2. It must support all of the target platforms for ROS 2 distributions (which generally includes the latest Ubuntu LTS, RHEL, and Windows).
  3. It must work with all of the official RMW libraries, which leads to…
  4. It is highly suggested that it uses the RCL/RMW layer from ROS 2 proper. I would say that this isn’t a hard requirement, but it is the most obvious way to satisfy 3.

To be “official”, I think it would also have to be tested nightly on, as well as be managed as part of ros2.repos . There are probably more requirements around becoming official, but we can work through those on the REP.

Oh, and in terms of how much the API needs to resemble rclcpp or rclpy; that one is really hard to say. For instance, we wouldn’t want to make an official or endorsed library that does away from pub/sub, services, actions, parameters, and so on. Similarly, we wouldn’t want to endorse one that renames all of these things to unfamiliar names. And we want to make sure that any client library that is “endorsed” supports all parts of the API.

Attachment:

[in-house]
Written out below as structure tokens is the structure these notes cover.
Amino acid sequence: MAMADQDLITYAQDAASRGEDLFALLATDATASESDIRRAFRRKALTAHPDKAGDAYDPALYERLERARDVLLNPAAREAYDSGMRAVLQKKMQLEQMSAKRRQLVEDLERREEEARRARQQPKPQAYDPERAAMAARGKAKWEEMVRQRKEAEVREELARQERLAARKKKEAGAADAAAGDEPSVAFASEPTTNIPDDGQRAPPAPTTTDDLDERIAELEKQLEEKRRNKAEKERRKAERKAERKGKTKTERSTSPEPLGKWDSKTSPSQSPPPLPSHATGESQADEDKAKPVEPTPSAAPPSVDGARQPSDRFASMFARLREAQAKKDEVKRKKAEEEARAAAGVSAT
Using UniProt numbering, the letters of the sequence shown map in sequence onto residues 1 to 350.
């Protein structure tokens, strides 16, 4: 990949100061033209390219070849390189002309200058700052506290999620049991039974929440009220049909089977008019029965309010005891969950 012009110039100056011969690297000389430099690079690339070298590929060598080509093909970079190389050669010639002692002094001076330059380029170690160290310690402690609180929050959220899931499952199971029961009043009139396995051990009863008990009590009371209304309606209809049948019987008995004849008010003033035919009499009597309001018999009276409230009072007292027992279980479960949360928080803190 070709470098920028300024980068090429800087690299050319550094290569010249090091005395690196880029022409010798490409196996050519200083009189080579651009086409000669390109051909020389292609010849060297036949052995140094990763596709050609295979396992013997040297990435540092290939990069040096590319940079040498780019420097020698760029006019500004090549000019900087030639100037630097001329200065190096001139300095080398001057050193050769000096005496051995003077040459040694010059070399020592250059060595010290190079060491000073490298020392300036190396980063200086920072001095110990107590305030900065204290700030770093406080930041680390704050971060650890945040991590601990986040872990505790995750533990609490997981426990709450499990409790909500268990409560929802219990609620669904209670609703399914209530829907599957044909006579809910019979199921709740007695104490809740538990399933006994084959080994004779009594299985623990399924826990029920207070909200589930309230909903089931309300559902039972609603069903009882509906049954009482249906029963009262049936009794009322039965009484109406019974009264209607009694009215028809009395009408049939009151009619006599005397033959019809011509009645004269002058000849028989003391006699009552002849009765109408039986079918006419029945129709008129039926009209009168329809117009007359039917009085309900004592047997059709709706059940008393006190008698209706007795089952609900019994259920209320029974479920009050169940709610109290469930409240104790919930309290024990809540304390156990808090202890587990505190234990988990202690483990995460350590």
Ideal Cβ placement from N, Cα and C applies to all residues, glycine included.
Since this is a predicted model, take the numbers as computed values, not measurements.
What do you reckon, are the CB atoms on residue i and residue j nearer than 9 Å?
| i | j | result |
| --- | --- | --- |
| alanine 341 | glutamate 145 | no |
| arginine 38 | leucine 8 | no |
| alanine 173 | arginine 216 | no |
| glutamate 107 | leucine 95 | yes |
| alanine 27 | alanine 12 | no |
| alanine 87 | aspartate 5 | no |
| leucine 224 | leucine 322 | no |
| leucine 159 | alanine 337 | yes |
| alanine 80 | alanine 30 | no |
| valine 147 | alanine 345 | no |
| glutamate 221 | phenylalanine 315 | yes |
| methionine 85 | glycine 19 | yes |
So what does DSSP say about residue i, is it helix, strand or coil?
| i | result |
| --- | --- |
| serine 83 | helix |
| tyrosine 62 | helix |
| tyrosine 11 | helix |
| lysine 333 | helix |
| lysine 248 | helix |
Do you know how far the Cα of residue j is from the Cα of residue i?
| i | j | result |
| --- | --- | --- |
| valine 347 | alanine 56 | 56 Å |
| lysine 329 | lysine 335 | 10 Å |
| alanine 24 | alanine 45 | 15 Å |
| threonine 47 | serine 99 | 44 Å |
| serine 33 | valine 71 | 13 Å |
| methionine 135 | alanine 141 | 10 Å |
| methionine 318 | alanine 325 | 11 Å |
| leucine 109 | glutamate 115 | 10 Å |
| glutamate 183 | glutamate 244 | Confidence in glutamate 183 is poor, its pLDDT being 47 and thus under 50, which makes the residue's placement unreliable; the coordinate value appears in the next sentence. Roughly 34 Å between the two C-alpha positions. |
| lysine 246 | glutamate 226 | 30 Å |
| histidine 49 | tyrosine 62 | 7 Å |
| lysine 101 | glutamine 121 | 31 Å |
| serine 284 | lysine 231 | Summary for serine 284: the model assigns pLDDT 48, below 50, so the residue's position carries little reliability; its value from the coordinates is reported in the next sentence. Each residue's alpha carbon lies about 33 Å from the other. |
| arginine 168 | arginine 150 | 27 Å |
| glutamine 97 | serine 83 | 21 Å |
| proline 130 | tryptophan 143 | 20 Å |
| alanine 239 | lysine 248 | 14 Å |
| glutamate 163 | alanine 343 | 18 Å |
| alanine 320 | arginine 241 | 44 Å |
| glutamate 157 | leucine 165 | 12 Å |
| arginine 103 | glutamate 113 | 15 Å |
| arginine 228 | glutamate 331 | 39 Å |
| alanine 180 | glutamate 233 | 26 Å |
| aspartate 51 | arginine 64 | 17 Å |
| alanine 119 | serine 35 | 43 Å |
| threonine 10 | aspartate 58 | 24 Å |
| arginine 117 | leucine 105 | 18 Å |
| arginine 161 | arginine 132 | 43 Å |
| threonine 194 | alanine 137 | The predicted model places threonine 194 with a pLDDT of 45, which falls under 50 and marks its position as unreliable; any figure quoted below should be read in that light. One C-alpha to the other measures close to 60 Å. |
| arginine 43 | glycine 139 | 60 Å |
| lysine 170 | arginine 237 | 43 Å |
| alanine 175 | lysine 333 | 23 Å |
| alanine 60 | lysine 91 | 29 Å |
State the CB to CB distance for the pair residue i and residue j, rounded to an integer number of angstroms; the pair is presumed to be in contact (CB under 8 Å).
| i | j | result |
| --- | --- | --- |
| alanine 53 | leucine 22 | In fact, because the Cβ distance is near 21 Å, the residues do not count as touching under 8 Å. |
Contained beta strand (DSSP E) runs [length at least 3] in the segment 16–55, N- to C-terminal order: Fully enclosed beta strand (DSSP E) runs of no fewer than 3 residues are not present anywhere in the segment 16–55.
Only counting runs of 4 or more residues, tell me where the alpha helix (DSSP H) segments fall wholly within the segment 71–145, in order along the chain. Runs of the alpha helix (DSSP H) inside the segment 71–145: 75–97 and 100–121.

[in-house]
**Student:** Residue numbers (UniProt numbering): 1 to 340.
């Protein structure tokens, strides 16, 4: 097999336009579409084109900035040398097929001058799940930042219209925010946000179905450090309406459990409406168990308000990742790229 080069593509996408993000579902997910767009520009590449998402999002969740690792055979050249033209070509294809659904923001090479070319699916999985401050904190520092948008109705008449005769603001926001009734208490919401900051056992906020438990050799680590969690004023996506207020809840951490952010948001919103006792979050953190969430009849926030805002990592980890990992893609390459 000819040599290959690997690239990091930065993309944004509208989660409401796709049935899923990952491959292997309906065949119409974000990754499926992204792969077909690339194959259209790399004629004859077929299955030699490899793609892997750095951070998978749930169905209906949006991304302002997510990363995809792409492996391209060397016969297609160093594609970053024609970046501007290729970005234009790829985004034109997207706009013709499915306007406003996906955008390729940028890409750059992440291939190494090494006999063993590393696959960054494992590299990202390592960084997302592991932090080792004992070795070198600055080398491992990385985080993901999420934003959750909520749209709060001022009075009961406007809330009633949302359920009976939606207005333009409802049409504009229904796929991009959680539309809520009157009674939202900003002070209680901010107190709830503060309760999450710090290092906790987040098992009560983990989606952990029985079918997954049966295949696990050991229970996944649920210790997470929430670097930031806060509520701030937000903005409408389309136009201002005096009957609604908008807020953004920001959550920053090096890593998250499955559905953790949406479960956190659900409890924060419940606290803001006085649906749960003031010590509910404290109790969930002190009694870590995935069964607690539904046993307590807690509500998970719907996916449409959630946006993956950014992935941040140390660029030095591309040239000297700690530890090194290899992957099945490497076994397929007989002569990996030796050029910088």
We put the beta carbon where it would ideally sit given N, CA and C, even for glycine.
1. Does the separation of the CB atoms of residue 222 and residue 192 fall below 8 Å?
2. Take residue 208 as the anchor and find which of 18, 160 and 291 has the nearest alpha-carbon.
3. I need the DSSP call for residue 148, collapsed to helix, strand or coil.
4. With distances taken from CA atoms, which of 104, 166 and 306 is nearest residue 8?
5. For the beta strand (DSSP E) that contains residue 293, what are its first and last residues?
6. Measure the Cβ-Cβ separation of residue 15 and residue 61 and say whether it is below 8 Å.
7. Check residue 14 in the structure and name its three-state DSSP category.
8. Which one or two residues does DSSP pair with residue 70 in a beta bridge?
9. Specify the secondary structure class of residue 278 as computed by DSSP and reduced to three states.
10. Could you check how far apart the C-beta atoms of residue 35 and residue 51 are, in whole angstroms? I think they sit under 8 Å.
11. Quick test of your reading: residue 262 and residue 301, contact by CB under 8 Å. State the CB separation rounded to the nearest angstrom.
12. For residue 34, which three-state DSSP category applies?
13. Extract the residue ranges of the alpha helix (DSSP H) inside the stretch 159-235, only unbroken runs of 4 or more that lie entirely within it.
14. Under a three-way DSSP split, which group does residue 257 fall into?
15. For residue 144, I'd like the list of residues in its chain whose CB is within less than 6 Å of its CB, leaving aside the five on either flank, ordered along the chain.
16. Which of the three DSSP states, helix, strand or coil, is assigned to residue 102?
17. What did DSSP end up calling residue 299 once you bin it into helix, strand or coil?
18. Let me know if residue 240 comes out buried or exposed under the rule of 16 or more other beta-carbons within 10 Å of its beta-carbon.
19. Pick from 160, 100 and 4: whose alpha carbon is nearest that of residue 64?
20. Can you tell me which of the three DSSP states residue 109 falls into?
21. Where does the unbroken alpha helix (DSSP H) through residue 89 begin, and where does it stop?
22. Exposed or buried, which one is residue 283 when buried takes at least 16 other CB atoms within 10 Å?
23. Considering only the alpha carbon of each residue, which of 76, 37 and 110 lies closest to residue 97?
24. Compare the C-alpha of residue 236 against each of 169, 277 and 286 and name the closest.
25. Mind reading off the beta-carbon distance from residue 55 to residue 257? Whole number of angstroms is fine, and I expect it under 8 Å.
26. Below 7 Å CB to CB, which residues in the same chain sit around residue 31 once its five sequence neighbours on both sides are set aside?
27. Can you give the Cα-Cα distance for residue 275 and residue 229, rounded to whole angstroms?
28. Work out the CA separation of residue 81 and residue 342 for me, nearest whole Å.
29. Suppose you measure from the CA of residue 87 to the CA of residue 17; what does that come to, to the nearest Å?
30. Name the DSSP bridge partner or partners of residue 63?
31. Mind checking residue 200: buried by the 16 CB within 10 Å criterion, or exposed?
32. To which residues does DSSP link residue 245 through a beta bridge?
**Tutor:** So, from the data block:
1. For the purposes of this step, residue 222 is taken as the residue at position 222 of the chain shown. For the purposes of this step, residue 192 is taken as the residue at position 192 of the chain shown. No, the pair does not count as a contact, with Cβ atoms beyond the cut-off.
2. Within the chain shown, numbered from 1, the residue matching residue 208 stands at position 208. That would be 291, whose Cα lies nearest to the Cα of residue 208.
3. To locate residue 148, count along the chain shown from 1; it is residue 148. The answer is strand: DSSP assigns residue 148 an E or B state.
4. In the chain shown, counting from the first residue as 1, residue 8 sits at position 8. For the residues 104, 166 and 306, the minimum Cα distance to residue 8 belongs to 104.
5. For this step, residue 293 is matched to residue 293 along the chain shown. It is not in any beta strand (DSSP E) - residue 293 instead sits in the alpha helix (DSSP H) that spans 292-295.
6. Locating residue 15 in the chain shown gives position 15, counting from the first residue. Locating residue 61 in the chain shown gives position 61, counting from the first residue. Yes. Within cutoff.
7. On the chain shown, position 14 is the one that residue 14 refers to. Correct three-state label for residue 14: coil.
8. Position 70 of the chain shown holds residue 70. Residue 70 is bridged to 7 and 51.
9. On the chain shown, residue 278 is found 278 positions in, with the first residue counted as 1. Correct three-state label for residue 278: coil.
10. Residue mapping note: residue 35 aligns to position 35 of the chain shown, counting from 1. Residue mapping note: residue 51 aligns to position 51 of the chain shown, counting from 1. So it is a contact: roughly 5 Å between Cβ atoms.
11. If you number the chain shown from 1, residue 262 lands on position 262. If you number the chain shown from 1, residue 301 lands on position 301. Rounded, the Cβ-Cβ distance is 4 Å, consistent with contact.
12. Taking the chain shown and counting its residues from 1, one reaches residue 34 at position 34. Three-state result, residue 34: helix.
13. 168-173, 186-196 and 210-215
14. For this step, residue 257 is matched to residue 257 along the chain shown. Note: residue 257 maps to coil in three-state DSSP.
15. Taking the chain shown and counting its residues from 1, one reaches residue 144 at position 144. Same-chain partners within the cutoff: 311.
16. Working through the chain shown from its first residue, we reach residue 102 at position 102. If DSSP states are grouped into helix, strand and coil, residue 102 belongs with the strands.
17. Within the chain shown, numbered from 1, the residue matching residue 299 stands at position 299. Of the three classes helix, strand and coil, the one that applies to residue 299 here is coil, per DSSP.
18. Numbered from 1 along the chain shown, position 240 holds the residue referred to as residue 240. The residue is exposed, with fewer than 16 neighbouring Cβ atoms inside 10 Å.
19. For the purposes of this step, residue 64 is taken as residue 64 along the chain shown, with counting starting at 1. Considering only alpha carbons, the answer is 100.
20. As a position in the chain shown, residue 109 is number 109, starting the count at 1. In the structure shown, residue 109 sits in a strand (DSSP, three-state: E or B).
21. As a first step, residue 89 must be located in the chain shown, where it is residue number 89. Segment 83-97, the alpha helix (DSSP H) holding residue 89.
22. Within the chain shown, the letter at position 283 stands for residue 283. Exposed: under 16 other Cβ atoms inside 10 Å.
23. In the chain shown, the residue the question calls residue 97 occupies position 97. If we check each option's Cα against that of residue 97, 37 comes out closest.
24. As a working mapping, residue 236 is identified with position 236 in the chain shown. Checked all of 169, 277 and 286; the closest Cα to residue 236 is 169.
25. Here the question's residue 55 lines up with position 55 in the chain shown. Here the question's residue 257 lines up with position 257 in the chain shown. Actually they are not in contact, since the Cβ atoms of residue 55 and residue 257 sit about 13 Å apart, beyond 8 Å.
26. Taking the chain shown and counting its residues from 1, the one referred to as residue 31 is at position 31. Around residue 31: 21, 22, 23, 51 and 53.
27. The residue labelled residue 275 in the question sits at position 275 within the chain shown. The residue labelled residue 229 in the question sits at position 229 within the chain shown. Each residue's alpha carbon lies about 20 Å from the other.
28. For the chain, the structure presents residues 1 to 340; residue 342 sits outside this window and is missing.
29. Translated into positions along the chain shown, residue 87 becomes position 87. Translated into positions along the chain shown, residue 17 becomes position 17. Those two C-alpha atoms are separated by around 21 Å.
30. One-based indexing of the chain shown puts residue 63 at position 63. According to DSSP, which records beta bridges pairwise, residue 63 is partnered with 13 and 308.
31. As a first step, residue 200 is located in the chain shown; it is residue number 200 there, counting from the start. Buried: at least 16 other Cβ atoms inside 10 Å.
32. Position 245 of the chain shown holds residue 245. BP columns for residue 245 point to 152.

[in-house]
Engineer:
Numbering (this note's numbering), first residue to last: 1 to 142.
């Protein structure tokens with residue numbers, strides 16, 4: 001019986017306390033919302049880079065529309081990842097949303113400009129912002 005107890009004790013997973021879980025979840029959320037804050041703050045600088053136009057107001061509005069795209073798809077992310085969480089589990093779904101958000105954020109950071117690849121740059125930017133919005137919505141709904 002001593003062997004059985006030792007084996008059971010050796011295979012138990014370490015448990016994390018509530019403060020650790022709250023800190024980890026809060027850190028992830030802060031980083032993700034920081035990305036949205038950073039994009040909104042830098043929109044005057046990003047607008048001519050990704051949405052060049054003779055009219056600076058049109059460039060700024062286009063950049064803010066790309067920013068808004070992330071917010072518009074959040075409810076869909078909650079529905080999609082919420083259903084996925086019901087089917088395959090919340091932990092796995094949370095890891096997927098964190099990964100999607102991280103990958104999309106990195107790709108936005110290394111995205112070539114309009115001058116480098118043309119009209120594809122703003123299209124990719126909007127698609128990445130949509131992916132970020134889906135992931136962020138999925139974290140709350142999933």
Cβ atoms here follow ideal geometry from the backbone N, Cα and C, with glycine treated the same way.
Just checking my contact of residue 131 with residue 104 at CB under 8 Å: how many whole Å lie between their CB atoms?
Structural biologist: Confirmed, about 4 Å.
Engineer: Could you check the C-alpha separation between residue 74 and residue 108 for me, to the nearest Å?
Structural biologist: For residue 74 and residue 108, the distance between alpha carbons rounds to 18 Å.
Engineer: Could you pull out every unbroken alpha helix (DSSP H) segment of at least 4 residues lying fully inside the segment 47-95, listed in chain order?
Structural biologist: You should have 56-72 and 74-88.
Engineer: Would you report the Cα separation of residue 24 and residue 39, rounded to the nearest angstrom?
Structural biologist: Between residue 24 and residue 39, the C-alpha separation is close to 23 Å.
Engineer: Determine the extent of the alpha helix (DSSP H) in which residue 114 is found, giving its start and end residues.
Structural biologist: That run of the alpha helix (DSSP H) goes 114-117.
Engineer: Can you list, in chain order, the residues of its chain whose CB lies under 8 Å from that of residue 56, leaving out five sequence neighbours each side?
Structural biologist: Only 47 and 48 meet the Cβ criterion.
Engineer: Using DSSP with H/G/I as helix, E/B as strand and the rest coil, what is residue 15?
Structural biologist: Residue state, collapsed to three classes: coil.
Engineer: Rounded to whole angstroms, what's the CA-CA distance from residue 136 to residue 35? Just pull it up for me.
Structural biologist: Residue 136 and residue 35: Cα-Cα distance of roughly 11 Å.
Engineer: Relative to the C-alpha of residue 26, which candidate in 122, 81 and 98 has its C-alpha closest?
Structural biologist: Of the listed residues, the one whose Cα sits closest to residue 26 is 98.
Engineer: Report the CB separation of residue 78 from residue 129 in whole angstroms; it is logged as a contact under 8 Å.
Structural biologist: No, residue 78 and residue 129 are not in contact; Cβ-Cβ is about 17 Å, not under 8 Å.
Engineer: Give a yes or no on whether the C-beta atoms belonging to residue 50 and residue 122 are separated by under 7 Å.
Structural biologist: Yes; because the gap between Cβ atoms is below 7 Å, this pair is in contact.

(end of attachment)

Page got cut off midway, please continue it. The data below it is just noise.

But part of the reason for having the client libraries is so that we can do language-specific stuff in them, so I think some departure from the APIs in rclcpp and rclpy is totally fine.

For the message generation, I think we can endorse a client library that doesn’t use the default pipeline, but I also think that is going to be hard to keep up with. Besides supporting the current ROSIDL .msg, .srv, and .action files, the current pipeline also supports (a subset of) OMG IDL .idl files. But there are also proposals to support other IDL formats. So any client library that doesn’t use the default pipeline would have to implement all of this itself. Personally, it feels like it is a “highly suggested” to use the default pipeline, but that we can make exceptions there.